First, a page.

A study has found that heavy cannabis smoking is a major cause of gum disease.
The investigation, which tracked a group of 1000 people born in Dunedin in 1972-73, found heavy cannabis use was responsible for more than one-third of the new cases of gum disease by age 32.
The study involved researchers from the University of Otago, King’s College in London, Duke University and the University of North Carolina in the United States. Professor Murray Thomson from University of Otago School of Dentistry said toxins in cannabis smoke were detrimental to periodontal health. “The problem is not the smoke itself – it’s what’s in the smoke,” he said. “In the mouth, there is a fine balance between tissue destruction and tissue healing and the various toxins in cannabis smoke disrupt that.”
Professor Thomson said gum disease was one of the most common diseases of adulthood, and caused problems such as the loss of support for the teeth. There was also emerging evidence it could be a risk factor for heart disease, stroke and pre-term birth.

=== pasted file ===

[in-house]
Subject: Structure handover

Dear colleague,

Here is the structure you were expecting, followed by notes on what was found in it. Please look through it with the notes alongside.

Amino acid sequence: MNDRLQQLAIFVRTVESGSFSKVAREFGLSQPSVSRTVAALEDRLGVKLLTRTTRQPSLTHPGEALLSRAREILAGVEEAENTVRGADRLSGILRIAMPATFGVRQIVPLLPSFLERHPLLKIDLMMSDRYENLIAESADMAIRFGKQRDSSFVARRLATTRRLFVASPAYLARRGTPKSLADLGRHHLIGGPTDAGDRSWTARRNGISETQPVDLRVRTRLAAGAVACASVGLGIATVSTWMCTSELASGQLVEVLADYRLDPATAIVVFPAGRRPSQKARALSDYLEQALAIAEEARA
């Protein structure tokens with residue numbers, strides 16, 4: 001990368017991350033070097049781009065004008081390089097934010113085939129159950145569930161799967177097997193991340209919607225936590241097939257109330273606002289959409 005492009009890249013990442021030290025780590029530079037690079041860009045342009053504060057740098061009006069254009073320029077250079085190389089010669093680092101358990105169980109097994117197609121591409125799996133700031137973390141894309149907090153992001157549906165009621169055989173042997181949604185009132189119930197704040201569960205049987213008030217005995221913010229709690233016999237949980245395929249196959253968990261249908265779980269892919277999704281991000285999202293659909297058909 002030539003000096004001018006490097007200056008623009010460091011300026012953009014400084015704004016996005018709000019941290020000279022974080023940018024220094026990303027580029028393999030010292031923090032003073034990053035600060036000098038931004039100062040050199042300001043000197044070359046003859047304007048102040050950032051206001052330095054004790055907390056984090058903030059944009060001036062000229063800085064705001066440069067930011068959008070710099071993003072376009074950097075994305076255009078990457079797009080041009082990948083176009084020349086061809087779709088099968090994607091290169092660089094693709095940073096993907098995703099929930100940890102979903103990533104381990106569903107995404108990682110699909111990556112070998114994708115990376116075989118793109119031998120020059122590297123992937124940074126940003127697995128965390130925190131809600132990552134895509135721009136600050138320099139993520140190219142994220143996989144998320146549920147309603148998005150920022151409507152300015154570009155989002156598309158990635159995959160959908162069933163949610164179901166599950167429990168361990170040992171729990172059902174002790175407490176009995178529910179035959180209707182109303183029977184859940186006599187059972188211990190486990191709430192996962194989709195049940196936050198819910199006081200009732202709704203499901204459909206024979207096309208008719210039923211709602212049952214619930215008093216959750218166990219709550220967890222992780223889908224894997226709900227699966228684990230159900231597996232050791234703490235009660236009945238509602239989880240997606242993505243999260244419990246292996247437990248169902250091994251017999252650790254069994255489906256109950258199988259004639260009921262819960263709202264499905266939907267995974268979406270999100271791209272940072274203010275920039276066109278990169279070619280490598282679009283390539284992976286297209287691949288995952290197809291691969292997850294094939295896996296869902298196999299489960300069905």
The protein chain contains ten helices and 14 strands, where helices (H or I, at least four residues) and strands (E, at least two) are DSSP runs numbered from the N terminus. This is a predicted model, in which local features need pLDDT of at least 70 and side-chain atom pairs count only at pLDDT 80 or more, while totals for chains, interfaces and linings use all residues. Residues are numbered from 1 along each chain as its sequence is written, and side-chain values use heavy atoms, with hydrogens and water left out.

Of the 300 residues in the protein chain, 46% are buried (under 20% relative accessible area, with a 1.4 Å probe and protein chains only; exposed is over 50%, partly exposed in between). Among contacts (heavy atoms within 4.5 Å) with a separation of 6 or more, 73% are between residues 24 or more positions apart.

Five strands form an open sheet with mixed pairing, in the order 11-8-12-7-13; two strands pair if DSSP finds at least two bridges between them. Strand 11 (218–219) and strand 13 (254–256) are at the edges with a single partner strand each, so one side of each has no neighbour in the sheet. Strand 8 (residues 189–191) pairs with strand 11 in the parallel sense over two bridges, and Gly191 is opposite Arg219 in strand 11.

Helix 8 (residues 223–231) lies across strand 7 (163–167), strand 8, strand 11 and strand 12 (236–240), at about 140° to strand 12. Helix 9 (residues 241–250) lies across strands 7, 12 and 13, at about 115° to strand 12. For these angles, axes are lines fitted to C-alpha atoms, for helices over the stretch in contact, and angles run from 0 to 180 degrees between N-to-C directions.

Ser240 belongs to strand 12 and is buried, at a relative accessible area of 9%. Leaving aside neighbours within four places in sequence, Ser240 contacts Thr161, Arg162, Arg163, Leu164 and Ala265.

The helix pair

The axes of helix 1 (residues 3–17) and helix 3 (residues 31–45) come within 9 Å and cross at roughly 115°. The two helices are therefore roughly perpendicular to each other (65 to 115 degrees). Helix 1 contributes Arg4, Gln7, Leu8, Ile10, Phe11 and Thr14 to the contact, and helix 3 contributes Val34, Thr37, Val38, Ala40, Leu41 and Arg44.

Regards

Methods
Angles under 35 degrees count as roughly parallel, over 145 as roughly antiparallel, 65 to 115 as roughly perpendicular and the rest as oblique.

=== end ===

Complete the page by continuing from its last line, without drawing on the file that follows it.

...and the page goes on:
Heavy cannabis users are those who smoke cannabis 41 times or more per year between the ages of 18 and 32.
The study is the first to have investigated whether smoking anything other than tobacco is detrimental for the gums. The evidence has been published in the prestigious Journal of the American Medical Association.
Source: New Zealand Herald.6 Feb 2008